So to break in my brand new Kindle Touch, I purchased a book by Rebecca Springer entitled Within Heaven's Gates. Springer claimed to have visited Heaven during a severe illness and documented her experience through this book, originally entitled Intra Muros or My Dream of Heaven.
Truth be told, her story is amazing. There is an authentic feel to her descriptions, though I was struck by a few curiosities. I'll handle those shortly. First, however, the positives!
Springer has a gift for description. Even when attempting to explain the unfathomable, she takes care to break down lofty images into manageable portions. Though relying heavily on flowery language, it doesn't seem tedious or superfluous. One gets the impression that every page really is a prayer of thanksgiving and awe, beckoning the reader to hope for the possibility that her descriptions are, in fact, what await us upon death. This sincerity of conviction is what makes this book so captivating and comforting.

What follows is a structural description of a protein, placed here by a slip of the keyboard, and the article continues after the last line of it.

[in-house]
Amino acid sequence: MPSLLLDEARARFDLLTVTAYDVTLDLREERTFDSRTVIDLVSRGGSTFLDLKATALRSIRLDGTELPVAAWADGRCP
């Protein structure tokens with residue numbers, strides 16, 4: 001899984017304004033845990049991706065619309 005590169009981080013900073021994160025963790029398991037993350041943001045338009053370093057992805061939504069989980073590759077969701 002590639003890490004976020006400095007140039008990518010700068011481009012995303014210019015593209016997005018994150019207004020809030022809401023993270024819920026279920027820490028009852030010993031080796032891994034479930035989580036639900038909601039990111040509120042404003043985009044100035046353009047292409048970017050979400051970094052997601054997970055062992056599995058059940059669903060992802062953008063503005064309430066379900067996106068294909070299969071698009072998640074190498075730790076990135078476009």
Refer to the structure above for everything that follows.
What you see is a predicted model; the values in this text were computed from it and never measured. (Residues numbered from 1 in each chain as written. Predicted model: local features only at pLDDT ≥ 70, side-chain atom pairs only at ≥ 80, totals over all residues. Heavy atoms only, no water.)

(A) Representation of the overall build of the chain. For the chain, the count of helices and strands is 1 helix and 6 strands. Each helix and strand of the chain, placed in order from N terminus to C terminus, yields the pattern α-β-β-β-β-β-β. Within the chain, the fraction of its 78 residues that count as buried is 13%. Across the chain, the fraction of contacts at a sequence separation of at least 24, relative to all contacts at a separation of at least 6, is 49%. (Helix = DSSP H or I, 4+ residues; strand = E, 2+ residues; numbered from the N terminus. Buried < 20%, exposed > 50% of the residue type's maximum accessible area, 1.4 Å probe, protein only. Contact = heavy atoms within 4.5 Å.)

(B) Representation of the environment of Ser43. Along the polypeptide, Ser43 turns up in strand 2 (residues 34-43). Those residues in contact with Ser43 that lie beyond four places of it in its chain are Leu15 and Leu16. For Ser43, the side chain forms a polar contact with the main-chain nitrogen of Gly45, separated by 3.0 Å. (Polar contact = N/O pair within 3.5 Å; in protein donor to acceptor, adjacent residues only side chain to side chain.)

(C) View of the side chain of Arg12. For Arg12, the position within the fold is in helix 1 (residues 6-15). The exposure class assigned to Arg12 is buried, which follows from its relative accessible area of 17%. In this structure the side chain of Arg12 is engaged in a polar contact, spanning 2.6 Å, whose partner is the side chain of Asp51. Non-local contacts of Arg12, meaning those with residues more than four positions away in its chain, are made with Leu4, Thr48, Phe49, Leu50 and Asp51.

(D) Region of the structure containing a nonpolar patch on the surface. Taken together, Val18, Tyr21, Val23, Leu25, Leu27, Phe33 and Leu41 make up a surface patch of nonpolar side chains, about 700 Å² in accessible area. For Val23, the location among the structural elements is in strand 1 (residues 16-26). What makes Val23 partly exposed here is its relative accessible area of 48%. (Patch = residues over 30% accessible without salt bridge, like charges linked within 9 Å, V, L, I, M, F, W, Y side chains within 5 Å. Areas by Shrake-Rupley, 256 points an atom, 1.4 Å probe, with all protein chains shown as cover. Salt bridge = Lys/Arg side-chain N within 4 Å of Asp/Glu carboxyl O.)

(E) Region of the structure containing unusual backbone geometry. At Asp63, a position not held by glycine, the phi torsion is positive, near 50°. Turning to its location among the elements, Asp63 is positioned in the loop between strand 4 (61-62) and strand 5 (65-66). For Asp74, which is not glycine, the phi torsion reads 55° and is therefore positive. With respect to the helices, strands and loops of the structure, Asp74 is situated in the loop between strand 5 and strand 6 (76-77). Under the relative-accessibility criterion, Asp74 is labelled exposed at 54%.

Next, her understanding of Heaven is truly wonderful. Mansions built by the loving hands of God through each of our loved ones dot the perfect landscape. Holy lakes and rivers that souls truly cleanse and refresh themselves in, the companionship of angelic choirs, the incomprehensible, but much appreciated movement of Divine Will that all creatures happily submit to without hesitation... it is utopia. However, souls aren't all just running around, blissfully aimless. Life, indeed, continues on - preachers still preach (Martin Luther and John Wesley are mentioned), great authors still write, and missionaries still teach others the greater mysteries of Christ. Families joyfully reunite, friends share memories of their "earth lives" and seeming strangers rejoice in the surprising moments on earth that led to their meeting in Heaven.
I admit to, myself, longing to know this place for myself... to see and feel and experience these emotional and spiritual highs with my own loved ones.
Wonderful were her dealings with Jesus. Though she didn't detail much of their conversations, she was specific in her emotional and spiritual reactions to Him. Each time Christ makes Himself present... it's as if even through her words the pages (er, my Kindle?) would light up. Incredible.
Some things I was surprised with, however...
There was no mention of Our Lady. I noticed that almost immediately because I was awaiting this woman's reaction to the Blessed Mother (she is Methodist). Considering how much "time" she spent in Heaven, I figured there'd be a meeting somewhere along the line between her and the Blessed Mother.